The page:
Fear and Photography

‘Our doubts are traitors and make us lose the good we oft might win by fearing to attempt.’ William Shakespeare

Recently I compiled a collection of video interviews of photographers I really admire (Don McCullin, Annie Leibovitz etc.). Something that Elliot Erwitt said lingered in my head. When asked if he ever got anxious taking photos on the street he said in a very relaxed way, ‘No, I’m not really an anxious person.’

I thought that was so interesting because I think for the rest of us mortals, striving every day to be better at what we do, trying to create original and beautiful things with our creative pursuits – there is a lot of anxiety and fear. And that, I think, is holding so many people back from creating wonderful, original pieces of work.

Solo Tree, California Dreaming

From California Dreaming. © Anthony Epes, 2015

Anxiety and fear blind your creative vision. Let me give you an example. You are walking around on the street and you see a great photo: three people doing something a little crazy. You hold up your camera, and suddenly one of the them turns and notices you. Your heart is struck with anxiety, what to do, what to do? Take the photo anyway? Or slowly lower the camera and walk away?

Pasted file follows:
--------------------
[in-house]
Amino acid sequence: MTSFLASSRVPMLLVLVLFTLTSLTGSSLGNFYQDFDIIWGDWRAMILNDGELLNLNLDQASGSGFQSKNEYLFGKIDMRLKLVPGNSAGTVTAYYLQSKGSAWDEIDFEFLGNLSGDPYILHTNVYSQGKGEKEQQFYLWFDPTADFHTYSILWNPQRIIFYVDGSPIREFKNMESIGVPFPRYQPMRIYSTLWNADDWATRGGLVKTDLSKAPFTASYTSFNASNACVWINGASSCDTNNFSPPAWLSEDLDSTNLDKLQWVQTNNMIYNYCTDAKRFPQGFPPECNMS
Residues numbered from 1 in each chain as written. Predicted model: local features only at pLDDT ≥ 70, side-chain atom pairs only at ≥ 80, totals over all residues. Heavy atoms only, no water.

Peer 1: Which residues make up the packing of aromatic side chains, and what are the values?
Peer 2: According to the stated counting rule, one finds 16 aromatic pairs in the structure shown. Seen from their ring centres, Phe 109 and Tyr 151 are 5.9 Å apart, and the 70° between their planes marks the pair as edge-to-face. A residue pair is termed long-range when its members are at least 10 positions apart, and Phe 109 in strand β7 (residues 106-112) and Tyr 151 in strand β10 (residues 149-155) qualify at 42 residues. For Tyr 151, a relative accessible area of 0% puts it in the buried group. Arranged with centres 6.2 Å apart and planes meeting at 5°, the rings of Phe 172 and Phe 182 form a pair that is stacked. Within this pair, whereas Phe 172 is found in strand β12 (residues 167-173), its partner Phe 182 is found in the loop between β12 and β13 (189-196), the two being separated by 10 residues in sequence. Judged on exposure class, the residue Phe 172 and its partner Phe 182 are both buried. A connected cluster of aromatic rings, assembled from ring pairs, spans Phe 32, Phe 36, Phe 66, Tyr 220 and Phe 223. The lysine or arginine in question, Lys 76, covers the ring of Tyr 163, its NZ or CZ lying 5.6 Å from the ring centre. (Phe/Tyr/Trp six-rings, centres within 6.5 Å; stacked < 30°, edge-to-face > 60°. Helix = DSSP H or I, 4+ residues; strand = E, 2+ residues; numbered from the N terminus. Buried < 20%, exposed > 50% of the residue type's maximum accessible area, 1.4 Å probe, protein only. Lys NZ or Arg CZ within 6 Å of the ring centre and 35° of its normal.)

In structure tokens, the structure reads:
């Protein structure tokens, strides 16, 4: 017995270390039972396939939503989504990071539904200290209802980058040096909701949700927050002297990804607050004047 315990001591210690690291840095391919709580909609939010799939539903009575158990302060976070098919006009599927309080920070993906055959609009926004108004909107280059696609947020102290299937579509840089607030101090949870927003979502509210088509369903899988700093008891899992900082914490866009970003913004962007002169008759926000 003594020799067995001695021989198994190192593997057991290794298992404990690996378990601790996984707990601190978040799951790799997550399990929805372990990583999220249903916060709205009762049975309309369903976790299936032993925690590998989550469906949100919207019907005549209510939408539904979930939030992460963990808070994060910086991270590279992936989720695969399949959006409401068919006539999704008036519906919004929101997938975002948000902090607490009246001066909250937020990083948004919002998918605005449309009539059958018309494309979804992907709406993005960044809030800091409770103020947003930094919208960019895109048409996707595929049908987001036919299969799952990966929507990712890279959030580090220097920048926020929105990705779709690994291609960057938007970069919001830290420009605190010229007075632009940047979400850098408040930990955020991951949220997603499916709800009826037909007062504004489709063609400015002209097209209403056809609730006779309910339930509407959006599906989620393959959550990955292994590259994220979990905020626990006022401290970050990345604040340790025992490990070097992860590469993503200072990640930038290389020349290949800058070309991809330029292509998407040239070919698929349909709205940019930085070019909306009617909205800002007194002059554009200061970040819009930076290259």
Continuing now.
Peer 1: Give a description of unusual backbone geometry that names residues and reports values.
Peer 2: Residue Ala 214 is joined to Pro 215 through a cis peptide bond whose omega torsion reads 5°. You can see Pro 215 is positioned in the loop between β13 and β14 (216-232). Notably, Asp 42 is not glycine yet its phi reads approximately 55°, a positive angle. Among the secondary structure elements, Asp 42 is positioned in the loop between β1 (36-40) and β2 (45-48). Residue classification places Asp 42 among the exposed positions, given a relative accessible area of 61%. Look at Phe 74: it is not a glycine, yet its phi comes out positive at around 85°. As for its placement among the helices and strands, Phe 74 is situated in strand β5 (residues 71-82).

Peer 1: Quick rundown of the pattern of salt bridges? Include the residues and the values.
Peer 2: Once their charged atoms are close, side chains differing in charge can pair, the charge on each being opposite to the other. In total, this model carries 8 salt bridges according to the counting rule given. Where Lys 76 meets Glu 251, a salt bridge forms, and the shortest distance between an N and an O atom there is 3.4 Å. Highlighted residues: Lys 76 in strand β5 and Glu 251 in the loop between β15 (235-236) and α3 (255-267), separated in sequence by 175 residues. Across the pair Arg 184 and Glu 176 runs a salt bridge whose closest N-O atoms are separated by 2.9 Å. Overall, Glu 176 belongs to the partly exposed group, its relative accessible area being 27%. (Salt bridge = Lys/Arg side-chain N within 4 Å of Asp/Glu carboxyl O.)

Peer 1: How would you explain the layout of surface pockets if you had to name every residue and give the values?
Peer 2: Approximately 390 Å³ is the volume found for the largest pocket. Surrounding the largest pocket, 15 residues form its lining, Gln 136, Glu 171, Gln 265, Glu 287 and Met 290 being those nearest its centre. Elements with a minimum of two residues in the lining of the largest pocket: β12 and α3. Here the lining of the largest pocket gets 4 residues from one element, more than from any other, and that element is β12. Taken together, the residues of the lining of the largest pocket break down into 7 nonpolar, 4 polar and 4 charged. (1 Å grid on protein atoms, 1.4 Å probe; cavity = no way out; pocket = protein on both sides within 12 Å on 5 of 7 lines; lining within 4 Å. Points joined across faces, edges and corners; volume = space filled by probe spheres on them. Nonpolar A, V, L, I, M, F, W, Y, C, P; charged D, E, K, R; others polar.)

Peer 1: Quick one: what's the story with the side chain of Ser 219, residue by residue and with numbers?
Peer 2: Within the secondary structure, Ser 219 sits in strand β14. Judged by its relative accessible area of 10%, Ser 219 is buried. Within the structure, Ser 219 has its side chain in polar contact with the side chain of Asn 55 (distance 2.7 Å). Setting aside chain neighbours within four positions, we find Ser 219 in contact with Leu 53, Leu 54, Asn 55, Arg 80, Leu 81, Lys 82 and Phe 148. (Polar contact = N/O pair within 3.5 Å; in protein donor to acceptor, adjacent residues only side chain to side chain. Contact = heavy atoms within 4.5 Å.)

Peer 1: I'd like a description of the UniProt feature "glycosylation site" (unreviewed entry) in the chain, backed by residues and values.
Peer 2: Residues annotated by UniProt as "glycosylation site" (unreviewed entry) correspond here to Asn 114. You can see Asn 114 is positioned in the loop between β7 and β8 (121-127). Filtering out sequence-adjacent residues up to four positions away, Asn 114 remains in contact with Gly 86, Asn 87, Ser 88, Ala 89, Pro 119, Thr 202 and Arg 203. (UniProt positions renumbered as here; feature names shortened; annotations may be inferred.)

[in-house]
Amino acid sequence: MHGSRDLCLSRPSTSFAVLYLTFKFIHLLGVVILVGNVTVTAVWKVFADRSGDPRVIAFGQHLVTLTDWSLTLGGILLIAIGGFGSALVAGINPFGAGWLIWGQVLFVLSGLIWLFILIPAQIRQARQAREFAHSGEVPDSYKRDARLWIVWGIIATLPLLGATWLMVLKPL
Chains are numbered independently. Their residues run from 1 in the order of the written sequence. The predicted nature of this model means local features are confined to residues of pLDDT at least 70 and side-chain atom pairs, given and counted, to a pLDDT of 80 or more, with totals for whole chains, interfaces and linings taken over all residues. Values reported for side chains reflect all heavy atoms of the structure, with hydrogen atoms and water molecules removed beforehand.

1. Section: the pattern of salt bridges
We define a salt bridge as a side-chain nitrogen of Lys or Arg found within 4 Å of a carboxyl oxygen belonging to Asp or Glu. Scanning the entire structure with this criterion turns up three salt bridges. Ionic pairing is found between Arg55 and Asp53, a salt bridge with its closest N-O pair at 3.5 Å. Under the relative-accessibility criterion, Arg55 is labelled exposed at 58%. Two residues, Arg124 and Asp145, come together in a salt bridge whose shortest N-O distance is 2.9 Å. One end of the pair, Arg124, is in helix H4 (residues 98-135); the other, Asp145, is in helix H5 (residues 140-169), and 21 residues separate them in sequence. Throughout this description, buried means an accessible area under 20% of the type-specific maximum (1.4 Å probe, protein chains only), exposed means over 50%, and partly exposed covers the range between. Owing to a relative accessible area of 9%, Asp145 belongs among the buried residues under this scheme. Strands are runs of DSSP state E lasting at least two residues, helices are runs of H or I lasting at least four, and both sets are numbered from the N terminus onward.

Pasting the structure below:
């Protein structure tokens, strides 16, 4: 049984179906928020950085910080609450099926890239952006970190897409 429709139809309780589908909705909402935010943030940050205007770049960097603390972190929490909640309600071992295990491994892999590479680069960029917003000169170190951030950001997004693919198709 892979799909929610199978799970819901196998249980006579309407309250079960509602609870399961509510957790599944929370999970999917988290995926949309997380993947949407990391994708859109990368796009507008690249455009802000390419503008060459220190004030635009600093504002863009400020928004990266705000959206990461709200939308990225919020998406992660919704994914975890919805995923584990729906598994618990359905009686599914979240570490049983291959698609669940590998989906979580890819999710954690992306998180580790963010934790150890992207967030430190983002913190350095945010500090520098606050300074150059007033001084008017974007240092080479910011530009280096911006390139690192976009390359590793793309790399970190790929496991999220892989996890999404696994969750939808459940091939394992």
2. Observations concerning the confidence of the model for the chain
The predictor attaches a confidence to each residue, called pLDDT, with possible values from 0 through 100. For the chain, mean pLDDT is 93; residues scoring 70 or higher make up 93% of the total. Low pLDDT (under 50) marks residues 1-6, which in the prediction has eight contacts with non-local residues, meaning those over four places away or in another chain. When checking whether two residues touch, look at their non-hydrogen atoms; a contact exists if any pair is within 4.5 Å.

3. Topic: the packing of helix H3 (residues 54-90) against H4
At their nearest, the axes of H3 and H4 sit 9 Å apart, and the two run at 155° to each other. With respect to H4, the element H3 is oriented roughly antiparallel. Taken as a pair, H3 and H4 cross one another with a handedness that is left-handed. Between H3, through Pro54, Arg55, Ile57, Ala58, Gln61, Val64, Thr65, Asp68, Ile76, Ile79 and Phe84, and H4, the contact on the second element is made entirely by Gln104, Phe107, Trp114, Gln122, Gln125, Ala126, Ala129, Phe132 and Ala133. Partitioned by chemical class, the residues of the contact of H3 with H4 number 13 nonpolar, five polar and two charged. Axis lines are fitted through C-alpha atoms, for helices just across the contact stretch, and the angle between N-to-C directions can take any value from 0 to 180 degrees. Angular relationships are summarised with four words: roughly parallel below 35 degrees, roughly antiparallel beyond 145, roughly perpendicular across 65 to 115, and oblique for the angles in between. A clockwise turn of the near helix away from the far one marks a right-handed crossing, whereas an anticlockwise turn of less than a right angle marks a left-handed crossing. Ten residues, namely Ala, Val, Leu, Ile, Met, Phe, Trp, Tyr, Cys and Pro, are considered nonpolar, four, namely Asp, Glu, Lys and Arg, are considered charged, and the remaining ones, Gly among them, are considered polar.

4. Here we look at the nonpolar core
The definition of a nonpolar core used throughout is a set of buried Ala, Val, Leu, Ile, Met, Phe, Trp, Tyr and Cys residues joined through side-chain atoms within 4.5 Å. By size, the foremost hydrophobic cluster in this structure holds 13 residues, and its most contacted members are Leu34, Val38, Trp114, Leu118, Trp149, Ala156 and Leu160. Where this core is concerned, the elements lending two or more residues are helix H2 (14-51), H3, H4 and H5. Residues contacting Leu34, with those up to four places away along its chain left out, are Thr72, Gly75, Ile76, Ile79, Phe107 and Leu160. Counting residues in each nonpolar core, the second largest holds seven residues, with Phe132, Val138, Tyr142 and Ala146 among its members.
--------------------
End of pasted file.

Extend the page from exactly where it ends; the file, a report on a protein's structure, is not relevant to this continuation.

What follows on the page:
Fighting through layers of that stuff we accumulate along the way – the I should be better, I should be doing this with my life, I should be further ahead! The judgments, the self-criticism…. And what happens is our work is filtered through these layers. It has to fight the anxiety we feel about ourselves and our craft. It gets bent and distorted at every angle as it goes from the very centre of our being, the place that is still free and untainted by the effects of this world, and the more it has to fight to get out, the more distorted and blemished it becomes, until it arrives at the surface as a strangled, mutated version of our original creative vision.